When I attended an early screening of Rod Lurie’s remake of Sam Peckinpah’s controversial thriller from 1971, Straw Dogs, last week, I was most curious to see how the director handled the infamous rape scene.
Yes, the original’s ultra-violence (to borrow a phrase from another controversial film of that year) sparked its own arguments—among critics and audiences—and seems to be what many now remember it for. But the violence debate had been going on for years, partly sparked by Peckinpah’s earlier Wild Bunch. The rape scene, with the film’s release coming at a high tide for the feminist movement, was what really sparked anger and dismay.
So how would Lurie handle it today? Yes, he is known for films with strong female characters, from The Contender to Nothing But the Truth—and then there was his TV series with Geena Davis as the first female president. But one had to wonder why, from among countless possible films to re-shoot, Lurie (of all people) would pick this one.
To briefly recap: Straw Dogs tells the story of a mild-mannered academic (Dustin Hoffman in the original) married to a hot younger wife (Susan George) who end up in a home out in the English countryside that badly needs repairs. In Peckinpah’s version, George flirts with the local handymen, seemingly asking for trouble, then turns on Hoffman for not defending her honor when they start to leer. They trick him into going hunting—to prove his manhood—and while he’s gone first one, then a buddy, rapes her. The second attack is barbaric but during the first assault we see a somewhat ambivalent George, who sheds a tear but in the end also acts rather tenderly toward the rapist.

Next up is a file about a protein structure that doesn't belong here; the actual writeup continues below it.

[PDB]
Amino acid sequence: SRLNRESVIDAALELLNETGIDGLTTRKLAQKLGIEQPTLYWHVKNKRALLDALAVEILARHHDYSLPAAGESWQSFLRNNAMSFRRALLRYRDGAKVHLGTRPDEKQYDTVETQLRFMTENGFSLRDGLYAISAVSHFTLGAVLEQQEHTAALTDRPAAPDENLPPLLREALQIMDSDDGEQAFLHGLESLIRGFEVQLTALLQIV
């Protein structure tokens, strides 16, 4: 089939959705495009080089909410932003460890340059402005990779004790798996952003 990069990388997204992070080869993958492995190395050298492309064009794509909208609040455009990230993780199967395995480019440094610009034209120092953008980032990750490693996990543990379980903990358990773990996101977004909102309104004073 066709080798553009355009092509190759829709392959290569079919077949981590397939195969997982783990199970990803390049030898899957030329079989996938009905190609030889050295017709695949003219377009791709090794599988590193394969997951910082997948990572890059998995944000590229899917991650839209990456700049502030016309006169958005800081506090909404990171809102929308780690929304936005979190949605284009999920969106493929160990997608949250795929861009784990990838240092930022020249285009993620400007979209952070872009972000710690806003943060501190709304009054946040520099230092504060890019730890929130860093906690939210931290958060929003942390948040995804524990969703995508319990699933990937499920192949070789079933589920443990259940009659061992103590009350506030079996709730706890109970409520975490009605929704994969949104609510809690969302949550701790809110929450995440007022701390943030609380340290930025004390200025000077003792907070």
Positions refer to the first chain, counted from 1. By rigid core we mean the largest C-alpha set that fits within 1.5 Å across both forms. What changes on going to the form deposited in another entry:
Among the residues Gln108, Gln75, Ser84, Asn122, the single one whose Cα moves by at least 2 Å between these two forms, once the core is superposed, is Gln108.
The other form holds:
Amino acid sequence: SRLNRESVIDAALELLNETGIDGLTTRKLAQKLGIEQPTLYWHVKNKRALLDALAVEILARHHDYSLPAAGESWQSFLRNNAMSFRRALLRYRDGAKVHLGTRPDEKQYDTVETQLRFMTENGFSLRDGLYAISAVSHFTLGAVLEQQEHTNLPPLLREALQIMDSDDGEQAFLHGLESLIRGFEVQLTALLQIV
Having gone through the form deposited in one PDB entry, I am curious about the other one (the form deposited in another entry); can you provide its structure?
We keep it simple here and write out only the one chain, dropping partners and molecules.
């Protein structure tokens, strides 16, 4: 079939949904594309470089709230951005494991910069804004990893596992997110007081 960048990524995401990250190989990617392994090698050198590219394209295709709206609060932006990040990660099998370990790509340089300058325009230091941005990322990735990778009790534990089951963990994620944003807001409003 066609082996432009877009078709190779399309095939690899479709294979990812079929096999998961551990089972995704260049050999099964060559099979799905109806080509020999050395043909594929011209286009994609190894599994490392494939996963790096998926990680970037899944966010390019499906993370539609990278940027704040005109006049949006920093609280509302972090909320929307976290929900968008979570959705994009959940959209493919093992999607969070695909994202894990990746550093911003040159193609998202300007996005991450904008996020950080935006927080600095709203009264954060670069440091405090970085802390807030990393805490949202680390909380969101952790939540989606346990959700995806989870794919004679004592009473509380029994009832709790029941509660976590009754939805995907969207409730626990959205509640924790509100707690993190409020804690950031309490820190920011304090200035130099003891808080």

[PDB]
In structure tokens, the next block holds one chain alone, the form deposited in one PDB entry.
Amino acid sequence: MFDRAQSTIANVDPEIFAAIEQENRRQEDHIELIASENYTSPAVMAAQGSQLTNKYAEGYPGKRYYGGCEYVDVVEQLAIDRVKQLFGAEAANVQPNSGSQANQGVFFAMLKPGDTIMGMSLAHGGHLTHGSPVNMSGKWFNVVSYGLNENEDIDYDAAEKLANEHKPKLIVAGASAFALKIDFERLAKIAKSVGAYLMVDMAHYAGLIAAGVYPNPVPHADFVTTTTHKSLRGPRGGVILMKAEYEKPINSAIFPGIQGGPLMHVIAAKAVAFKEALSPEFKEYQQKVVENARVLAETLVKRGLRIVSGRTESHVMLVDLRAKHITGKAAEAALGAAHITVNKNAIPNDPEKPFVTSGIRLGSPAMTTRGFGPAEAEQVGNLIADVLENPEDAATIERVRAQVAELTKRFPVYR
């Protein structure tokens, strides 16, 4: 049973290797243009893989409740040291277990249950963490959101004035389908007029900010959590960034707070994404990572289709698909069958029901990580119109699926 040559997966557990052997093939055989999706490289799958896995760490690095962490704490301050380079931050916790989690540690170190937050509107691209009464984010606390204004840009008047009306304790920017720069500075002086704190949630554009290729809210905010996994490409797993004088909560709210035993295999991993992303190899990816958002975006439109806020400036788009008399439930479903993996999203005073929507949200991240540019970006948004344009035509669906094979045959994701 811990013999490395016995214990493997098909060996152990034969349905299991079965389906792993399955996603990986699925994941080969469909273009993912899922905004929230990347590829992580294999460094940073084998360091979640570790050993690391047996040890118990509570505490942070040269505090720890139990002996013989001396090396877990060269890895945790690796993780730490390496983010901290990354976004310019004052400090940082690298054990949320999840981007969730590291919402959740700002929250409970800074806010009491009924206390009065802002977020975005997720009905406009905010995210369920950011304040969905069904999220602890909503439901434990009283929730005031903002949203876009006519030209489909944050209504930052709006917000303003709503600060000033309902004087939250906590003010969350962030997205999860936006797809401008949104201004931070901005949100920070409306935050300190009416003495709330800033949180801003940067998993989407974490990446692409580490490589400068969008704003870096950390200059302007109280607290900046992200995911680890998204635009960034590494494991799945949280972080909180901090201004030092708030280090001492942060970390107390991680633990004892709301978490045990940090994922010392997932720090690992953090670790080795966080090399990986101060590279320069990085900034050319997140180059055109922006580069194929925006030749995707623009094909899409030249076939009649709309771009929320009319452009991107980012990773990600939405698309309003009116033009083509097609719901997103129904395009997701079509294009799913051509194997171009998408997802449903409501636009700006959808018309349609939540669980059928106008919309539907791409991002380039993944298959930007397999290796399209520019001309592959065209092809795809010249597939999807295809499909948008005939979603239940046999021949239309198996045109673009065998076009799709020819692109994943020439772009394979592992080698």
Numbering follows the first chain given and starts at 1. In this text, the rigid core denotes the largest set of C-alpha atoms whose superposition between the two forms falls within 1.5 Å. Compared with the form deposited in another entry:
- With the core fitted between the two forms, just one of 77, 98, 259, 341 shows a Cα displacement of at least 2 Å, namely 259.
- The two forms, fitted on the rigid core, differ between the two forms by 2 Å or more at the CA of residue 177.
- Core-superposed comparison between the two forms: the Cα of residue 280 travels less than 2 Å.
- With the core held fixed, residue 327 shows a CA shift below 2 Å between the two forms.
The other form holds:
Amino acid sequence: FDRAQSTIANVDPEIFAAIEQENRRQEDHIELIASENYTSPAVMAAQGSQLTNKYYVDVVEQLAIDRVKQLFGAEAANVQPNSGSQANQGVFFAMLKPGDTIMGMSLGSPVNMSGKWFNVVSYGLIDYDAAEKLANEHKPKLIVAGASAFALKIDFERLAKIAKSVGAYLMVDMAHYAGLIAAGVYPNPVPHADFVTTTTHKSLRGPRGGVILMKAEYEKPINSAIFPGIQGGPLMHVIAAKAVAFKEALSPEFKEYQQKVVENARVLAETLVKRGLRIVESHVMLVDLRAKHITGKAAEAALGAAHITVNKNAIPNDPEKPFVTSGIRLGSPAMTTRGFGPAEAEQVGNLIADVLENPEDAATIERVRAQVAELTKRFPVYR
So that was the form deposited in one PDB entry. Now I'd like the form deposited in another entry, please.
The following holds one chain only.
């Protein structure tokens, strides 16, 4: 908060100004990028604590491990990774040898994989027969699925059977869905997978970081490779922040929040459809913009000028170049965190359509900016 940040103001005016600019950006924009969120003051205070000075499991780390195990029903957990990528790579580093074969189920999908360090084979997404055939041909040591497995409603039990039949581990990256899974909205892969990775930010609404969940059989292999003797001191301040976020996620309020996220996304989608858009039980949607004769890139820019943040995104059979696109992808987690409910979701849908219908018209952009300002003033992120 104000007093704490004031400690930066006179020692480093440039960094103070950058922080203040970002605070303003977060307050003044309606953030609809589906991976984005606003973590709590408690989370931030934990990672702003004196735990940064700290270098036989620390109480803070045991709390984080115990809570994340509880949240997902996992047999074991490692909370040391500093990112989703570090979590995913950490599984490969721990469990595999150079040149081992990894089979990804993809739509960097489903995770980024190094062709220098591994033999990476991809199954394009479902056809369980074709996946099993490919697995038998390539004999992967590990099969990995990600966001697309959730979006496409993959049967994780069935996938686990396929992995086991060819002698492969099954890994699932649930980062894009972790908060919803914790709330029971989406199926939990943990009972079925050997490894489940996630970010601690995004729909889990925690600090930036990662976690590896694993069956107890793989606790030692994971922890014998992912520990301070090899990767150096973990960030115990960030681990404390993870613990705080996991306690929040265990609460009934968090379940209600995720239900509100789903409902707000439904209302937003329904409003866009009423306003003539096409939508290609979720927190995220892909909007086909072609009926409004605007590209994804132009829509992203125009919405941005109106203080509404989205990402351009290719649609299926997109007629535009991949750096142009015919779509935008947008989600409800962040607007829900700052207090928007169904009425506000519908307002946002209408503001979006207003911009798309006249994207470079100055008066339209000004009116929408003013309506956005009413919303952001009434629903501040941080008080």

Then her husband returns and all hell breaks loose.
Naturally, women of all types (not just feminists), and some men, raised angry alarms about the rape scene, charging that it debased women and rationalized rape. Many critics hailed or at least defended the film for its allegedly “complicated” treatment of rape, which I could never understand, and it has mystified me ever since why some writers have called the film a classic. Pauline Kael had a mixed opinion, calling it “the first American film that is a fascist work of art.”
So: What would Lurie (as both writer and director) do with it? And why remake it at all?